“Well, if it isn’t my little nigger girl,” he can go as far as saying on entering my small kitchen to find Afi preparing a meal for us by the stove.
My heart beats wildly when this happens. Partly due to his churlish behavior, or rather, his infantilism, which angers me on her behalf. Yet, in truth, it is much more than this, for it fills me with no small measure of jealousy. Did he give her to me, or not? I wonder. Sometimes I doubt the sincerity of his gesture, whether her services were indeed meant to facilitate my stay on the island, or if she is just one of his ironic pranks, which, in most other circumstances, I have grown to appreciate very much.
For her part, the girl seems to take no heed, but then she says very little when Marcussen is present. Indeed, she is so quiet that I cannot help feeling less jovial myself.
So I prefer visiting Marcussen in his own house; Afi is not there, and I can enjoy his company without having to be concerned about her.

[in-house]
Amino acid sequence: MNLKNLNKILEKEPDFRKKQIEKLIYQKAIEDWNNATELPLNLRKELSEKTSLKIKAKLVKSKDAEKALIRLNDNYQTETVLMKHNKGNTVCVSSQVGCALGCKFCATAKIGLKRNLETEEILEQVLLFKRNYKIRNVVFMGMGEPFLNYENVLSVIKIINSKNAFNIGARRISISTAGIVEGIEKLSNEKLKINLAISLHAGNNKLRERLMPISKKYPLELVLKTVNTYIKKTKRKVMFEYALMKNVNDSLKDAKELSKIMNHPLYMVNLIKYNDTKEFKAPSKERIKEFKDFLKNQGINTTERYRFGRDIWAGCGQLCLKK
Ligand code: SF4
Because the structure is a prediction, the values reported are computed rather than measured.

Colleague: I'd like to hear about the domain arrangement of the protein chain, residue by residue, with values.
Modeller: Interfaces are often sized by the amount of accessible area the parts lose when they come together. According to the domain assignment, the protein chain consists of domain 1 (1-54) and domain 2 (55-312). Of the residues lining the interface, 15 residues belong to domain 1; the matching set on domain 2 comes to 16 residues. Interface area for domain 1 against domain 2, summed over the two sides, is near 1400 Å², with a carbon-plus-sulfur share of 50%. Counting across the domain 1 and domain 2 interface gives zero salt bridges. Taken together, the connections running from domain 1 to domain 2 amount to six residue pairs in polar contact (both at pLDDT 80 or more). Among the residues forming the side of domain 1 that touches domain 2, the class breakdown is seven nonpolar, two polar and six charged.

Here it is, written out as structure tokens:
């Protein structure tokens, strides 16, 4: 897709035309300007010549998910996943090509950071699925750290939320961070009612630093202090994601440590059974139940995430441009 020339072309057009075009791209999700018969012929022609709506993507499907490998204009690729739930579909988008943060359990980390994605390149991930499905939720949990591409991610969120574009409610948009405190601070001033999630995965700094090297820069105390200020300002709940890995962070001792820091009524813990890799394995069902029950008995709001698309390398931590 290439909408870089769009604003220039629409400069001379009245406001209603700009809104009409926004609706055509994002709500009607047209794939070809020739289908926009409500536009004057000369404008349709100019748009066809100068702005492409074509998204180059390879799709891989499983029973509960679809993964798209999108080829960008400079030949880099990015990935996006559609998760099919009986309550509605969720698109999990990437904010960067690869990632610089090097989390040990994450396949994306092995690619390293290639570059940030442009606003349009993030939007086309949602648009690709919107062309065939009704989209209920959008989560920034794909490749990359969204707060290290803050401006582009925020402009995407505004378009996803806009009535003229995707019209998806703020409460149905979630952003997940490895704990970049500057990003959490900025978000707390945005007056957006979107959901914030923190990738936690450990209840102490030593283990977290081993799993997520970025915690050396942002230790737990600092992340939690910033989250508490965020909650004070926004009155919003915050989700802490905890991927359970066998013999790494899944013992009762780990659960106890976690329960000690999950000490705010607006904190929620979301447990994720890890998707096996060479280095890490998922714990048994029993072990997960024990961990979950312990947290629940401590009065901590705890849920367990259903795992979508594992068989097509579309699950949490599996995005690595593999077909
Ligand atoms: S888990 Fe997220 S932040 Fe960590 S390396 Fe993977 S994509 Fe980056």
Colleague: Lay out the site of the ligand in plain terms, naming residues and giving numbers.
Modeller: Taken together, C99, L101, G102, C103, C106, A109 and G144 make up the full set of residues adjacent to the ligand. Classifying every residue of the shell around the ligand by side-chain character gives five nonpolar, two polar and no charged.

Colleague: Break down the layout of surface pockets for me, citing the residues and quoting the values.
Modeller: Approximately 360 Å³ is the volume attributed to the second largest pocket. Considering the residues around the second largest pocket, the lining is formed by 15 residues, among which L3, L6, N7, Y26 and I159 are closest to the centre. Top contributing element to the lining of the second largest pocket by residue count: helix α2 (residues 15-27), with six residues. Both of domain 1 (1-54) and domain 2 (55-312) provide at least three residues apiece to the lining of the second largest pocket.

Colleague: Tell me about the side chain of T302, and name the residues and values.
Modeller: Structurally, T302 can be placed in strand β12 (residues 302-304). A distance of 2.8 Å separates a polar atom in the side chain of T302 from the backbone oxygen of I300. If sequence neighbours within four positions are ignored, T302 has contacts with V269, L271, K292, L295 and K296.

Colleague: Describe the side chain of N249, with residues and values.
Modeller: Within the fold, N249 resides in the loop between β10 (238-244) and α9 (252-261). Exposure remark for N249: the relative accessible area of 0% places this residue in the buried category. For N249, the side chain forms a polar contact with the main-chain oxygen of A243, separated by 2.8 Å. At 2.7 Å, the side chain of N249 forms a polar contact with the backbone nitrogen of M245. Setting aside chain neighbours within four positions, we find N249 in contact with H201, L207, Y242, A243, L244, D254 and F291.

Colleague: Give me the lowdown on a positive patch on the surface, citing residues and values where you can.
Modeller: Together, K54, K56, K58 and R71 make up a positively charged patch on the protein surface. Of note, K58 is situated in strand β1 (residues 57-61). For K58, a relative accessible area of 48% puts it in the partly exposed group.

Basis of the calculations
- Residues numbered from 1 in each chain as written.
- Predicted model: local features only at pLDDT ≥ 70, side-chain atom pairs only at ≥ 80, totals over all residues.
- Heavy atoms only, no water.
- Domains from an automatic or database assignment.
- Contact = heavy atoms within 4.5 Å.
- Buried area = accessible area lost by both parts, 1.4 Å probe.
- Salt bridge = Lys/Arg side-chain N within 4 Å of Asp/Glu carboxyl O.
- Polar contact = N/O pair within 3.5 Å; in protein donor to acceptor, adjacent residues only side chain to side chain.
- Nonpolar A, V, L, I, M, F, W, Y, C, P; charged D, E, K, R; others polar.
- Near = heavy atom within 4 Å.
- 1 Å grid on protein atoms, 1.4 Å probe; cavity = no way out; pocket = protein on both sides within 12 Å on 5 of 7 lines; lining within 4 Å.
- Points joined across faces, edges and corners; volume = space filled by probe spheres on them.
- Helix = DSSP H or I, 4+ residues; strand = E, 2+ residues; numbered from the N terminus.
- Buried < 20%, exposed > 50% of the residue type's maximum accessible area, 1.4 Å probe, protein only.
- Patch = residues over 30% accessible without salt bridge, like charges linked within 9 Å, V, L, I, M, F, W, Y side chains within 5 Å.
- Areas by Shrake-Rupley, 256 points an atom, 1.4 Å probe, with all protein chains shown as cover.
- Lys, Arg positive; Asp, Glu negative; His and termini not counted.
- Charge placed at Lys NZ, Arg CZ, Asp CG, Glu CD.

Yesterday, Sunday, I again dined with Marcussen in his stately home. We lingered in the dining room, sharing the remainder of a very fine dessert wine, a Madeira, I believe it was, till his house slave, a mulatto girl by the name of Baba, delivered a message for my host. Marcussen rose from the table and followed her into the hall. He was gone for about five minutes, and when he returned, he seemed disgruntled.
“Not bad news, I hope?” I asked cautiously, loath to pretend that nothing was amiss.
“Very bad, I’m afraid,” he said with characteristic candor; the owner of Solitude was not a man who minced his words.